My favorite moment of that afternoon is when I think the owner, or one of them, saw us and the staff having too much fun, so she felt she had to come over and tell the bartenders that "The Game was supposed to be on TV because everyone here are gamers." Everyone in the place had come from the game festival from next door, and no one cared about any of the college football games on the flat screens, though a couple folk had a penchant for heavy metal on the juke box-- the Ohio State game wouldn't be on until 7pm or so.

Robin's Qalidar scenario, "The Typhon Project" drew myself, a fellow who I believe is Ken, not Ben, and the late arriver JerryTel. Robin after getting the basic plot out where we the players had to figure things out, decided she was bored and threw antroids into the adventure just for laughs. I could tell she was improvising, but we still figured out what was going on and everyone at the table was still kind of awestruck.

My "late night" session, starting at 8:30 filled up before 8:10pm, and I had to make sure all minors, all one of them, were ready for r-rated role-playing, meaning his dad was playing as well. And with technicalities finished, my official "non-playtest" of Crawlspace 13's "Party Nights" was underway. It was a very good group of role-players, but to date, I can't say that I've had anything but when it comes to Crawlspace. One of my players, Mary had to slip out early because of family necessity, but I hope she shows at later sessions because she was as strong role-playing as the strongest characters there. Before I knew it, it was 11:30 and time to wrap things up. So things didn't get as gory horror movie-like as they were supposed to, but the players had done a great job. They'll have to see what what the Apogee story-arc for Crawlspace is going to be like.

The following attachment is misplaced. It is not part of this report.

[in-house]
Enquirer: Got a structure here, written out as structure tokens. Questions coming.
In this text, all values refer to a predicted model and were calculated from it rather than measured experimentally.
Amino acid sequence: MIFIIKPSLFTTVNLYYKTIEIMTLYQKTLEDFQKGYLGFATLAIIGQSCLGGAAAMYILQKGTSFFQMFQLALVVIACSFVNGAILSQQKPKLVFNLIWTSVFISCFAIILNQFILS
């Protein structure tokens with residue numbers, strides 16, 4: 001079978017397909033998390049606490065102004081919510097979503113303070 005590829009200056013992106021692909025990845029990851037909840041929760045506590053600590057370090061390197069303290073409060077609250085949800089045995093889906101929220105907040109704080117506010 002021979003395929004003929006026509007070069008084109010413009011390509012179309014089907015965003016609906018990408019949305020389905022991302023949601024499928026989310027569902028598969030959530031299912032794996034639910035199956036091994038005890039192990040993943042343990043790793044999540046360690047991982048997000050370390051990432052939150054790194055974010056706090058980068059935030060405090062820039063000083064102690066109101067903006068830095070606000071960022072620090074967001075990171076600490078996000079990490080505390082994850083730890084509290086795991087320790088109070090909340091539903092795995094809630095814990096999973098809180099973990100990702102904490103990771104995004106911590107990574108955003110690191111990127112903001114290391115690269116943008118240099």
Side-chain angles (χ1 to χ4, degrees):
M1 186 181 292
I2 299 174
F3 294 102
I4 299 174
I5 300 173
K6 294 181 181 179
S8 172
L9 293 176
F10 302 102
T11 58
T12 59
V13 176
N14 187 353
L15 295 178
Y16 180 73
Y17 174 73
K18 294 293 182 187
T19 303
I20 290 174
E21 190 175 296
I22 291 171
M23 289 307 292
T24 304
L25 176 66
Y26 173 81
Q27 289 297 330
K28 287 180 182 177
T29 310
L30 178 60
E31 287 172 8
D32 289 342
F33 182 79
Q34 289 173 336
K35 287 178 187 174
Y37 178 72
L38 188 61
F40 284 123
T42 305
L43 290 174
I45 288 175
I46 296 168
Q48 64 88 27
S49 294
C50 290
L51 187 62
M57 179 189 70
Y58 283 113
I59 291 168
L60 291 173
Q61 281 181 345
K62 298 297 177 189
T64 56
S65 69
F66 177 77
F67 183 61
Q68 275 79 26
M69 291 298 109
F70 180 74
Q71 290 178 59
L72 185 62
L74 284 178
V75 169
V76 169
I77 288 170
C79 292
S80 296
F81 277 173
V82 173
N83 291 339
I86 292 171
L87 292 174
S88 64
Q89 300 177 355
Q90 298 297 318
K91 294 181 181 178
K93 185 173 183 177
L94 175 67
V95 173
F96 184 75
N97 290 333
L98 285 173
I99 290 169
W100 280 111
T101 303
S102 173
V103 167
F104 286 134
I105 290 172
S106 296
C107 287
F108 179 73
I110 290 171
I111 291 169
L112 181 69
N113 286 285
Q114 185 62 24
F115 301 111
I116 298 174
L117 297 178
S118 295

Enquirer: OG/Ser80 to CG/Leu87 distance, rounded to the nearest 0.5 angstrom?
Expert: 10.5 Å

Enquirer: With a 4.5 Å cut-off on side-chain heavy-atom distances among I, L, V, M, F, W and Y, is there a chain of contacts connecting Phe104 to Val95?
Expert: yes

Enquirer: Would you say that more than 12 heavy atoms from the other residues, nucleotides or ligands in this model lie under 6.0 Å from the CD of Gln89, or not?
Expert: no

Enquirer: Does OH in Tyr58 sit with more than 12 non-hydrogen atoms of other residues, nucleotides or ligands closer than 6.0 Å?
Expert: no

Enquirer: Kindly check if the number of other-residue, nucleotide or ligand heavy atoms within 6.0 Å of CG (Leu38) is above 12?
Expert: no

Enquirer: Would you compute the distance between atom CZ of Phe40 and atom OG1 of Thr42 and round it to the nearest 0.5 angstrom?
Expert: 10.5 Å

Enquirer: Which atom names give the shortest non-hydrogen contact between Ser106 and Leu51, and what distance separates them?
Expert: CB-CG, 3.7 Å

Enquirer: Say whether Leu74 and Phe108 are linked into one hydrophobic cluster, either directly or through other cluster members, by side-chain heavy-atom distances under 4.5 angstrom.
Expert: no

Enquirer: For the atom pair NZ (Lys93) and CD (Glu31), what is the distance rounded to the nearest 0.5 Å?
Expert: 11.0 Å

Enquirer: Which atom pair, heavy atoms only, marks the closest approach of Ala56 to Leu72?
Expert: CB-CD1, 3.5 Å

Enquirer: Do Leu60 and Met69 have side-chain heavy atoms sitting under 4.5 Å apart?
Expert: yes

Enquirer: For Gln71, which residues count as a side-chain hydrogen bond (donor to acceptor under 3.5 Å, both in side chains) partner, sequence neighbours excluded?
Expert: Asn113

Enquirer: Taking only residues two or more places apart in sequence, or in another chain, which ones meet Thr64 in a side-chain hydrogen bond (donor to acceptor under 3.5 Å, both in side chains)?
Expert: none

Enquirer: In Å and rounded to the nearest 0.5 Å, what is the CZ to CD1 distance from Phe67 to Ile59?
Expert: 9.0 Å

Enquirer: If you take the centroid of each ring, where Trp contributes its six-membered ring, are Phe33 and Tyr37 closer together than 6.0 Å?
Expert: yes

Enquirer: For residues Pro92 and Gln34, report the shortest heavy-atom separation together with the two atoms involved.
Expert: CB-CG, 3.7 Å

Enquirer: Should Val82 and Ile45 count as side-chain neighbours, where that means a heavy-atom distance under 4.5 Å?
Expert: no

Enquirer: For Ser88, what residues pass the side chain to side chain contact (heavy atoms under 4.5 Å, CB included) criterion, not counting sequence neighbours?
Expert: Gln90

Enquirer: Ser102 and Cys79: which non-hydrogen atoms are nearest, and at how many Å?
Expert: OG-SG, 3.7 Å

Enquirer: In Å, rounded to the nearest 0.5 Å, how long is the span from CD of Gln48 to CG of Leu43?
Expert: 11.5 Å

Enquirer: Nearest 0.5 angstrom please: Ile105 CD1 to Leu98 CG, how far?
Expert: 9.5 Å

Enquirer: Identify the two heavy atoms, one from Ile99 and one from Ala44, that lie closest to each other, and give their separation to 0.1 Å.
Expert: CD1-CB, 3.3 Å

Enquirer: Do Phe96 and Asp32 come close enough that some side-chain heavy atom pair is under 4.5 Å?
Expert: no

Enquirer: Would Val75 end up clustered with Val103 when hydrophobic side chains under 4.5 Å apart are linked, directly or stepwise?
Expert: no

We closed the evening with a late dinner with JerryTel at Applebees once again. I had a great time and though 14 hours straight and having to be at work the next day is kind of tough, this has to become a yearly tradition. Good job North Coast Gamers. Good job.

Monday, December 02, 2013

On Silly Comic Book Material And Our Current Media Dilemmas

I was hanging with Mik44 and Peryton last Saturday night, always one of the better moments in life to be sure, and we started to pass the time with discussion on superhero movies. We all smiled about the second Thor movie, which didn't mind being a Sphere Fantasy mixed into a Dr. Who season. And then we talked about the Iron Man movies, which are doing so great at showing how billionaires can be likeable guys as well being heavily-armored war machines when they feel threatened. A little tired with this line of thought (is there really going to be a second Avengers movie?), I brought up Batman movies.

The problem that DC (National Comics, err Time-Warner Communications) has is that they hired directors and writers of too much vision.

And while Zach Snyder and D.S. Goyer are most likely bristling at this statement, every reader here knows that both of them are regular subscribers to my blog-- I just know that Putin, Obama, and Danny Woodburn have sock puppets monitoring me-- we all know that Christopher Nolan is taking notes.

Marvel cranks out movies like they're video games, using video game technology anyway, and the producers are as astute throwing in "nods" to the fan boys, and Chinese viewers, as they are about making sure a couple different formula of popular movies are followed. which Marvel's writers and Stan Lee himself already wrote into their scripts of yesteryear. Boy lives at home, Boy meets girl, Boy loses girl, Smart Girls have to be killed... et al. But the folks working on the films like to add their own touches as well. Thor 2 got downright goofy and full of weird sci-fi, that the actual plot was something of a distraction. So much so that the movies makers had to throw in a minute of Chris Evans, to remind everyone that was an Avengers spin-off, not just a chick flik for the wives of Monty Python/Red Dwarf fans.